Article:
The number one rule of responsible consumerism: know more about what you’re buying than the guy selling it to you. But it’s a counterintuitive one. After all, you buy based on someone’s pitch to you, that you need what he’s selling. You get something repaired with the understanding that you don’t have the knowledge to fix a problem yourself. But it’s the number one rule of consumerism for a reason: you just can’t trust the guy taking your money to be honest.
And here’s a reminder why. We got a great email from an ex Best Buy Geek Squad service department member, who confesses to having gouged customers time and time again for trivial repairs. Why? Essentially, because if he didn’t, he faced immediate termination.
Our Ex-Geek-Squad mole is repentant. Best Buy? Not at all. The email, after the jump.
In response to the video segment “Jiffy Lube Scam Revealed (Again)” I would like to point out that the Best Buy / Geek Squad service departments are guilty of the exact same offense.
I was originally hired in October 2003 and later ended my employment in April 2006 working as a Geek Squad part-time employee than the Geek Squad Senior and later as just a full-time Geek Squad employee. During my employment practices of the Geek Squad grew far more deceptive even enough to the point where I was embarrassed to be an employee and didn’t want to put that employment on my resume.
As a Geek Squad employee you are expected to meet certain budgets regardless of hours worked and complete x number of units in a day or risk immediate termination. In order to meet the budgets I constantly found that my coworkers, my senior(s), my managers and I regret to admit myself were deceiving customers. Often times I would review tickets and find that units were being checked in that suffered only from minor Windows problems that might take less than 30 minutes to complete however on the ticket they were charged for an OS repair, malware removal and tune-up which at the time cost $118. The units often only had one tracking cookie or some temp files and there was no sign of a malware problem and no need for a tune-up.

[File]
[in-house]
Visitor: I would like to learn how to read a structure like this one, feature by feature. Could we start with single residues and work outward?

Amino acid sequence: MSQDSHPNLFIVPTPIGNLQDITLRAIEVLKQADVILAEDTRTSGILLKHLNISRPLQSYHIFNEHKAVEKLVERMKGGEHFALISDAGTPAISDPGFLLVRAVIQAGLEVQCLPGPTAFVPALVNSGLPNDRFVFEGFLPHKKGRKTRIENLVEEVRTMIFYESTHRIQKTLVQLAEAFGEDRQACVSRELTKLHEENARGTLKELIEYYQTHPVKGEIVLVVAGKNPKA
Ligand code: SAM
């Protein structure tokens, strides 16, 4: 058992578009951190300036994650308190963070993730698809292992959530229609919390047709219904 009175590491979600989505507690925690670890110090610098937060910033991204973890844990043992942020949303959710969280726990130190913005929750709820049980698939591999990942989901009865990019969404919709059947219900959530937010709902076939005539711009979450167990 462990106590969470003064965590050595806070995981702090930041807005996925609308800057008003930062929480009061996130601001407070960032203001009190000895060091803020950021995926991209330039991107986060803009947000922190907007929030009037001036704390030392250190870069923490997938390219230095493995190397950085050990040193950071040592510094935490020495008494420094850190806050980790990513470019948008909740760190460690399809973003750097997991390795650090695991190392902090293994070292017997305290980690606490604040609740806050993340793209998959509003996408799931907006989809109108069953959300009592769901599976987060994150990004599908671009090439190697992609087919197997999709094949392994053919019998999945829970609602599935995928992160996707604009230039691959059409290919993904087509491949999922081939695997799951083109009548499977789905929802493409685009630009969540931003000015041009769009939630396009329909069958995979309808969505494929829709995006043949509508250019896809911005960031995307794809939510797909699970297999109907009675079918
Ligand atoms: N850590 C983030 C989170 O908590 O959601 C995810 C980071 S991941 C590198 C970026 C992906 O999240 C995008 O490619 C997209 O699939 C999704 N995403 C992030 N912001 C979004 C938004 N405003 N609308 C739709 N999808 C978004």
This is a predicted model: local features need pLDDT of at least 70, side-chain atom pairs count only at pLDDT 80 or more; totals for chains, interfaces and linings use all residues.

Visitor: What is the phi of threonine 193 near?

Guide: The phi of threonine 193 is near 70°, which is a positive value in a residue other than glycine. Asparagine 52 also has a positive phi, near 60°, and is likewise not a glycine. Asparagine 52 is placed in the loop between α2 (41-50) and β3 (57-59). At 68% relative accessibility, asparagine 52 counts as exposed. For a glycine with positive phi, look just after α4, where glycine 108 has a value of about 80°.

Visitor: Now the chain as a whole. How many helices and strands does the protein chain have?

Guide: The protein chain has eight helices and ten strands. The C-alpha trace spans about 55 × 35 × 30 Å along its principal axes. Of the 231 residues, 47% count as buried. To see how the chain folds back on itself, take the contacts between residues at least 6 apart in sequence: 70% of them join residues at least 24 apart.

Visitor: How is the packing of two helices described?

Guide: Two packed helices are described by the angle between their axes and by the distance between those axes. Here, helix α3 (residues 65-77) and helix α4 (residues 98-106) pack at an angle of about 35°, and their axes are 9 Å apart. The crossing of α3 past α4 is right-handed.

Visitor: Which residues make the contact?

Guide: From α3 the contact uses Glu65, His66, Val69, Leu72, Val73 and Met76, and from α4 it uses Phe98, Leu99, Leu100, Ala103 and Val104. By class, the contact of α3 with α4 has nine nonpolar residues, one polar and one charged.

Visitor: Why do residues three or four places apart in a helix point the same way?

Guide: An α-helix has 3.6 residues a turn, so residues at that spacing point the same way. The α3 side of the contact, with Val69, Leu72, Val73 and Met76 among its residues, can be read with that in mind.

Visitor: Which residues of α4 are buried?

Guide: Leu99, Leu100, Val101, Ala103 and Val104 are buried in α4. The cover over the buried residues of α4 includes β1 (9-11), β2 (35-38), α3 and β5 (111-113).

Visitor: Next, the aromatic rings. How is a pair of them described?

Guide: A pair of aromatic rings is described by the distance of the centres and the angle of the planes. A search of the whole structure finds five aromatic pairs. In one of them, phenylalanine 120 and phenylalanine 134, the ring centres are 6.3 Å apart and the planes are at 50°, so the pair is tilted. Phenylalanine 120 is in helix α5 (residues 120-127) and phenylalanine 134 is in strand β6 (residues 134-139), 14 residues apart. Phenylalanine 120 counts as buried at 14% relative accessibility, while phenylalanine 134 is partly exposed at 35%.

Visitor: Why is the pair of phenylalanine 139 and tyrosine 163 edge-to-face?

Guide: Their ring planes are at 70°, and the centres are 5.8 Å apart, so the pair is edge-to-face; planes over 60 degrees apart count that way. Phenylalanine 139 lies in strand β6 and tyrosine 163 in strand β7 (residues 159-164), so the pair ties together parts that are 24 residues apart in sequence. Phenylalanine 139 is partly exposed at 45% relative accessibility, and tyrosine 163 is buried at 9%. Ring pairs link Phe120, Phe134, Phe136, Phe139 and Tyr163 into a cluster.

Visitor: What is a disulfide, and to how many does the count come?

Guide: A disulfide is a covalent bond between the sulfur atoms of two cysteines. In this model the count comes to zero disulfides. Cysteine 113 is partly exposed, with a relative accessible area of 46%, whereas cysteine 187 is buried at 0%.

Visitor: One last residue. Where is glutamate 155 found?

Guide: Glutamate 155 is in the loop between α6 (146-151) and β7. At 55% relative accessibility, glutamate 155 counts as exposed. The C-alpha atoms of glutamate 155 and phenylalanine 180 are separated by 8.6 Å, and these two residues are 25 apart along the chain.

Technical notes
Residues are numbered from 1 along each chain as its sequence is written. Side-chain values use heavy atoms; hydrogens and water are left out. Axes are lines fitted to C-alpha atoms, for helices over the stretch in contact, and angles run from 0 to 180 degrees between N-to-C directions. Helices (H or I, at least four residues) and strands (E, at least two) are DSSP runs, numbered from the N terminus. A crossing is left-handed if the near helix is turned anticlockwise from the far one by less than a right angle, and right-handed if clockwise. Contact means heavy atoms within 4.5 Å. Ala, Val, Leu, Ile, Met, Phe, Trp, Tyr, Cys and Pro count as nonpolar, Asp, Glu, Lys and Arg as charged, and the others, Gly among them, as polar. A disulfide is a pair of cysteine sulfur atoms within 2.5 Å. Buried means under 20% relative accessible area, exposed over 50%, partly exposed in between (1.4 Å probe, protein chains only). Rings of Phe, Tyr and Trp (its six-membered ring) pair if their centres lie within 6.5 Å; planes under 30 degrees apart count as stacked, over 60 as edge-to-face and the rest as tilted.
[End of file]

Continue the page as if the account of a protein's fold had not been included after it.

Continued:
I also found that many of my co-workers would intentionally remove the customer’s anti-virus or tell that customer that in order for us to guarantee the work completed our anti-virus had to be installed. In addition to trapping many people with the threats of stolen data and virus infections causing further damage we were instructed by our managers to specifically target older customers, first time computer owners and the lesser educated.
In addition to meeting budget goals we were expected to meet total turn times of less than 24 hours and often far more units were checked in than could be completed in 24 hours. As many computer technicians know completing a malware removal takes more than 24 hours just for scans. In order to meet turn times of less than 24 hours we were told to complete work quickly, not double check our work and not complete full scans. I would say that maybe 1 outta 10 computers were completed correctly and more than half the units came back with the exact same problems more than once.
Geek Squad is guilty of many of the same infractions that plagued Jiffy Lube. As a loyal Consumerist follower I feel that I need to repay many of the favors / warnings that Consumerist has helped me with. I would be happy to provide you with any more information you need.